Case Analysis: Hiv/Aids

1700 words - 7 pages

As the world evolved health problems have evolved with it. One of the many health problems that medical professionals deal with today is HIV/AIDS. HIV is a virus spread through body fluids that affects specific cells of the immune system, called CD4 cells, or T cells. Over time, HIV can destroy so many of these cells that the body can’t fight off infections and disease. When this happens, HIV infection leads to AIDS (www.cdc.gov). Like many other chronic illnesses, HIV/AIDS consist of stages. HIV disease has a well-documented progression. Untreated, HIV is almost universally fatal because it eventually overwhelms the immune system—resulting in acquired immunodeficiency syndrome (AIDS). HIV treatment helps people at all stages of the disease, and treatment can slow or prevent progression from one stage to the next (www.cdc.gov). People become infected with HIV through bodily fluids such as blood, semen, breast milk, and vaginal fluids. These fluids can be passed between people in a variety of ways, including having unprotected sex (oral, vaginal, or anal) or sharing needles. HIV can also be passed from mother to child during childbirth or through breast-feeding (www.cdc.gov).
Over the last thirty years, the human immunodeficiency virus (HIV) epidemic has matured. In the United States, HIV has changed from an explosive outbreak to an endemic disease; currently, an estimated 1.1 million people are infected with HIV, including a substantial number who are unaware of their status. HIV disease is a medical condition but it has never been just a medical condition. HIV disease is fraught with enormous social, political, economic, and psychiatric challenges (Wilson, et al). The nuances around HIV prevention, education, treatment, and care are inexplicably linked to stigma, both externally and internalized.
Now that this disease has matured there are many different types of treatment. One of the treatments includes nutrition education and counseling. The HIV/AIDS epidemic continues to have a devastating impact on health, nutrition, food security and overall socioeconomic development in the countries that have been greatly affected by the disease. The HIV epidemic is increasingly driven by many of those factors that also drive under nutrition; factors in particular include poverty, conflict and inequality. Nutrition plays a critical role in comprehensive care, support and treatment of HIV infected people. There are complex interactions between nutrition and HIV/AIDS. HIV progressively weakens the immune system and leads to malnutrition. Malnutrition worsens the effects of HIV and contributes to more rapid progression to AIDS. Nutrition and HIV are related to each other. Any immune deficiency as a result of HIV/AIDS leads to malnutrition, and malnutrition leads to immune deficiency.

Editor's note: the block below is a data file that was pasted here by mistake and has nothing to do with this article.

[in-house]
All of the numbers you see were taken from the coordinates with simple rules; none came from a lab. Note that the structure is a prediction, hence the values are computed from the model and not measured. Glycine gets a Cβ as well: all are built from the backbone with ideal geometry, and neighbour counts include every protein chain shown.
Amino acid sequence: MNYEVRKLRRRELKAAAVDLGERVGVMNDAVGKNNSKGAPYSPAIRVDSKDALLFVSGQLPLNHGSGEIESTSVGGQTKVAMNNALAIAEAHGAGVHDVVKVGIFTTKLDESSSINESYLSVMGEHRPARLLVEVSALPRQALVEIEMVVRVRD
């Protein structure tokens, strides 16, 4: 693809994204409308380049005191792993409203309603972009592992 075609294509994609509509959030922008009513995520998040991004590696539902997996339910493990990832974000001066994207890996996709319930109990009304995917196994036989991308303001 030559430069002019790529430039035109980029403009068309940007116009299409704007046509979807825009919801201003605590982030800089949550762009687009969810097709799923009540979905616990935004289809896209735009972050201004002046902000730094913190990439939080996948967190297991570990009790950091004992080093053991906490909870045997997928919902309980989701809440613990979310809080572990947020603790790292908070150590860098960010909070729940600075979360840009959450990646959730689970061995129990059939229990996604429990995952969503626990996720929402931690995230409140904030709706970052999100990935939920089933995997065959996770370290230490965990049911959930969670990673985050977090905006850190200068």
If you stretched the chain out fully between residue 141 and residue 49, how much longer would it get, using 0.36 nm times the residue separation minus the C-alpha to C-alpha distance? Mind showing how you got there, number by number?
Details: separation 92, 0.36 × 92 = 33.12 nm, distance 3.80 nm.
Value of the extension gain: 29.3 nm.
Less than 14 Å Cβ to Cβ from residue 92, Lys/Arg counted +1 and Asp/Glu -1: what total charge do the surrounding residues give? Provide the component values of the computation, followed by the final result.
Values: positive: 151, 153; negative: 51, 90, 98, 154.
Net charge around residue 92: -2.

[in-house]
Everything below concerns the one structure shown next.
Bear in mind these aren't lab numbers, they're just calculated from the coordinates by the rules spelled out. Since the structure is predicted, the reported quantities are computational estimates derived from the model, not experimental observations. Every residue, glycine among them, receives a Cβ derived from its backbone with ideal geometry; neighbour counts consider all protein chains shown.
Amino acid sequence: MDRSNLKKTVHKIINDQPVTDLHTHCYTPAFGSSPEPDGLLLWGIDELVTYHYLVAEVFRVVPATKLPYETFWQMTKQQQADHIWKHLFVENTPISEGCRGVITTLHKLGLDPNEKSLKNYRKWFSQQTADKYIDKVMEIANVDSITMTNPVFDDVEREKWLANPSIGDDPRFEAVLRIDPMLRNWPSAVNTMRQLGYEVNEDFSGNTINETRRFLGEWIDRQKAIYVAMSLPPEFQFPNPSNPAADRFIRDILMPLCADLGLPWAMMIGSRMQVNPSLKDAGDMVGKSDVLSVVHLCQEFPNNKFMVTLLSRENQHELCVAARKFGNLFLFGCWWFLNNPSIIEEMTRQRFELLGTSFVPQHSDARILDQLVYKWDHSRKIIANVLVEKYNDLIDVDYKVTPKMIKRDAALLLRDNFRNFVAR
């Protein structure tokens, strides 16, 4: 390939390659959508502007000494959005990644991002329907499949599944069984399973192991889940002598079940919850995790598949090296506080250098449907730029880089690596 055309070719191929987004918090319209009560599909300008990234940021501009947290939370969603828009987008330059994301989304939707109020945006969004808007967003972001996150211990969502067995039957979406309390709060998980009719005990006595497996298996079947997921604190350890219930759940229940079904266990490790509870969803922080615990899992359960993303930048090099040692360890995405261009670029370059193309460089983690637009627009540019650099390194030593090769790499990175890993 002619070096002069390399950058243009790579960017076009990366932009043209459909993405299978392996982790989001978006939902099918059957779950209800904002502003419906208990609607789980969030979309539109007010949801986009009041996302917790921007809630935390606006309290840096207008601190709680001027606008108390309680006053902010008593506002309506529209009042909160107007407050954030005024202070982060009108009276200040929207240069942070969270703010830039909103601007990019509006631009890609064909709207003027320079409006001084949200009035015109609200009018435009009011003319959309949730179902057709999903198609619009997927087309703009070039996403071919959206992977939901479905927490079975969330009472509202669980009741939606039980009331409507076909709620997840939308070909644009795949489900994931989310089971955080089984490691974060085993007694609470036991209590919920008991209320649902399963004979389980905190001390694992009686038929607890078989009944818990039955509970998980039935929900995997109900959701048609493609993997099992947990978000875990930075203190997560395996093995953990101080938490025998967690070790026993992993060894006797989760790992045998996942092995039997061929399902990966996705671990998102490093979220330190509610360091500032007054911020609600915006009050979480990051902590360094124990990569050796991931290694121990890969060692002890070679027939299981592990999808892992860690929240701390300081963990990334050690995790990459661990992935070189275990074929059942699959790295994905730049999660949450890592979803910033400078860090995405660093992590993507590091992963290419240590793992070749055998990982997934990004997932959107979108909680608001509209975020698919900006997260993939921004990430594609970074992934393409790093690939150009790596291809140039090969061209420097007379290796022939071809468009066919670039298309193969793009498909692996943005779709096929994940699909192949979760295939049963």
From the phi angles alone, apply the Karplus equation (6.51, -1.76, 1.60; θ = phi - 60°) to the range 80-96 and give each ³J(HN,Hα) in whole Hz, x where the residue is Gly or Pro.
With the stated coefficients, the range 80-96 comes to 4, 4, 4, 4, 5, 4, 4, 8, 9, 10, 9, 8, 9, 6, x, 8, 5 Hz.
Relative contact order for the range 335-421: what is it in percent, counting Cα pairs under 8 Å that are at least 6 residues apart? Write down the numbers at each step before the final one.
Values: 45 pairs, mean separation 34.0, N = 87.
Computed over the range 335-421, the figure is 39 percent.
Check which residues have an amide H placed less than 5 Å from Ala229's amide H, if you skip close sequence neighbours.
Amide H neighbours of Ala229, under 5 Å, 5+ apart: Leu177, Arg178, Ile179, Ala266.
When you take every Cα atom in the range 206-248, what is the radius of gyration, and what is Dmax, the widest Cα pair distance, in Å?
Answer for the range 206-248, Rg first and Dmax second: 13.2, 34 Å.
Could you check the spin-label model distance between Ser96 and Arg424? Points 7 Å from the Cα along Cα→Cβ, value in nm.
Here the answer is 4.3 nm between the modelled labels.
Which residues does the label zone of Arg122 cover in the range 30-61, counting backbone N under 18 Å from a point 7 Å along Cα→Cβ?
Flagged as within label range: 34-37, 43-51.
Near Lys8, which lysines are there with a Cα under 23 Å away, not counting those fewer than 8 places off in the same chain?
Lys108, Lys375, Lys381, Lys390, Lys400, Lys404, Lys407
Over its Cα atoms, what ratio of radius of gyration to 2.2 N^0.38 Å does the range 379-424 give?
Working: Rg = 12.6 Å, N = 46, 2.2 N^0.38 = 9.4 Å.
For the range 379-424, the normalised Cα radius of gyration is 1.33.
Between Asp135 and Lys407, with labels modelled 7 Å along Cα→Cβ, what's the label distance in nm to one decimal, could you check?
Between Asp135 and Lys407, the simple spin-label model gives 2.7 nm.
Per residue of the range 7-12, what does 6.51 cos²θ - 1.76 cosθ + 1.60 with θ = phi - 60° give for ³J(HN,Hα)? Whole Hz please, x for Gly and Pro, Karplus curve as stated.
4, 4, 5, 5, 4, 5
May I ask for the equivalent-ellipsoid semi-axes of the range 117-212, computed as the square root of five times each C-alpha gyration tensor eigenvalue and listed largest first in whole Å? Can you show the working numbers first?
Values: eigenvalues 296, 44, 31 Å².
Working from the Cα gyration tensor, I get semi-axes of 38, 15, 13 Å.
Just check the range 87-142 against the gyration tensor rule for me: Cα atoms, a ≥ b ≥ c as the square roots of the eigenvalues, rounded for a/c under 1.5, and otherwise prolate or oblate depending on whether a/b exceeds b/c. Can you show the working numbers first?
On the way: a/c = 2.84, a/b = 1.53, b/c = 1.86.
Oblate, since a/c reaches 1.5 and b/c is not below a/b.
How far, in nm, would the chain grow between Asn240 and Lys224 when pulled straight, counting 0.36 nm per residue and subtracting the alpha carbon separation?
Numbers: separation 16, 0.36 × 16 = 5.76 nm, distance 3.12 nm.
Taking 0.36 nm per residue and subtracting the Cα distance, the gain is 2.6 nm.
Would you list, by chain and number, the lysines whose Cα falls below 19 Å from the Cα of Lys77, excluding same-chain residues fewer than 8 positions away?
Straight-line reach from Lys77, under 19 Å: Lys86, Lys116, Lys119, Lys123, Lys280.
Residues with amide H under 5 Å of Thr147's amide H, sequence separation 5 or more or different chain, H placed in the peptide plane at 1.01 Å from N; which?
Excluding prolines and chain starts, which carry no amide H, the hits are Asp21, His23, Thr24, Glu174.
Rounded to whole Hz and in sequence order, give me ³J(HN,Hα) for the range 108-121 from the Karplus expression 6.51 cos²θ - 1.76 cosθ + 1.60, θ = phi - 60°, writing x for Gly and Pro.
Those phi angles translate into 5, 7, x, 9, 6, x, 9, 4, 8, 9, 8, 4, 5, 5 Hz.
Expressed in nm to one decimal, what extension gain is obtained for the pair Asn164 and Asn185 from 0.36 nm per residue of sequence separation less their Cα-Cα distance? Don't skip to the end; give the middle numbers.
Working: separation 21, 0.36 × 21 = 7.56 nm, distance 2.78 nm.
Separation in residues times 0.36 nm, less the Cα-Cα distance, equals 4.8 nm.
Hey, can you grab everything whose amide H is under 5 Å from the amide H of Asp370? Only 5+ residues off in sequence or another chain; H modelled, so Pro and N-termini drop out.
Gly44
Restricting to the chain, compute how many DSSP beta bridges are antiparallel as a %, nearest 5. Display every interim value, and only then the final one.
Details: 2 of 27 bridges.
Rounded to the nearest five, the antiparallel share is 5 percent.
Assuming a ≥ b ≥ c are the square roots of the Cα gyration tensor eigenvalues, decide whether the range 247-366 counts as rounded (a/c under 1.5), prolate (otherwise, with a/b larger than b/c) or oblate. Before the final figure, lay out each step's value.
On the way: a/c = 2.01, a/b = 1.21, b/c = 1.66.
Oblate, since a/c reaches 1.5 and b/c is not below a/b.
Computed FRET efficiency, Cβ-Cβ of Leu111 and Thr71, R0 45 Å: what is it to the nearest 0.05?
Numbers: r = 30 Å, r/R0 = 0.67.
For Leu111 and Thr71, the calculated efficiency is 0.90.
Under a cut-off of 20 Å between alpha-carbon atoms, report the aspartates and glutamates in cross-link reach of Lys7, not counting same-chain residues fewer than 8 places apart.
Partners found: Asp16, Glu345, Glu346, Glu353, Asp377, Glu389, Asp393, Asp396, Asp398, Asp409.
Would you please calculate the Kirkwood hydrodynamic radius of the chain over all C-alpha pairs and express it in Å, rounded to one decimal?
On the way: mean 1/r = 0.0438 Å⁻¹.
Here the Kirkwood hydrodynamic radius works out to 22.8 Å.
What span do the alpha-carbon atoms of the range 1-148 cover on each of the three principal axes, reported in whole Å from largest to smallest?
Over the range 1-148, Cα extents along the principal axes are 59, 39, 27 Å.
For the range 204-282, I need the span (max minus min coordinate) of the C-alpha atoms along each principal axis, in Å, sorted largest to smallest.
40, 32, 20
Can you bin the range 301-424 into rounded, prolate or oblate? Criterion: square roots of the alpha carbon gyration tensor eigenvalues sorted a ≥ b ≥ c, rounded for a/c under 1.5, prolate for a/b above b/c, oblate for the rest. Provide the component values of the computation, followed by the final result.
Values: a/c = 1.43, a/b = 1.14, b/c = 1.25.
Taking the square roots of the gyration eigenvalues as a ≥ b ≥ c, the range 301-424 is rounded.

. Malnutrition can both contribute to and result from the progression of HIV. In 2003, WHO (World Health Organization) in collaboration with the Food and Agricultural...

Find Another Essay On Case Analysis: HIV/AIDS

Living with HIV/AIDS Essay

2142 words - 9 pages resources to cope with HIV disease.” Some of the services that this program helps to provide are outpatient and ambulatory medical care, drug assistance, pharmaceutical assistance, early intervention services, home and community based health services, and medical case management, including treatment. This program has five parts that each contribute to a different cause having to do with HIV and AIDS. Part A is the first part of the program that helps

HIV/AIDS in Botswana Essay

1536 words - 6 pages An estimated 25 million people in Africa were living with AIDS in 2003 (AIDS and HIV Statistics for Africa). In Botswana alone, the AIDS prevalence rate is an immense 36.5% (HIV and AIDS in Botswana). In Botswana, AIDS has been an ongoing epidemic since the first case reported in 1985 (HIV and AIDS in Botswana). AIDS is caused by the Human Immunodeficiency Virus (HIV), which weakens a person's immune system causing them to be more susceptible to

Preventing HIV/ AIDS

1175 words - 5 pages (UNAIDS). The initially reported morbidity cases of HIV were in 1981. As of present, there are in excess of 34 million individuals at present living with HIV and there have been approximately 30 million mortality cases since the begin of this pandemic (UNAIDS). The first ever noted case of HIV/AIDS in South Africa was identified in 1982 and although it absolutely was at first thought that HIV infections perceived to be exclusively predominant

Review about HIV/AIDS

1478 words - 6 pages of this field discuss that the different IEC strategies work mainly on the individual level, so how individual IDUs can change their behavior to reduce the risk of HIV infection. Moreover, when analyzing the IEC approach, people must take into account how the applied intervention works, as well as its result and effectiveness in the programmes. This paper also points out that in case of the prevention of HIV/AIDS three main factors are needed

HIV and AIDS: The Epidemic

1694 words - 7 pages HIV and AIDS have affected millions of people throughout the world. Since 1981, there have been 25 million deaths due to AIDS involving men, women, and children. Presently there are 40 million people living with HIV and AIDS around the world and two million die each year from AIDS related illnesses. The Center for Disease Control estimates that one-third of the one million Americans living with HIV are not aware that they have it. The earliest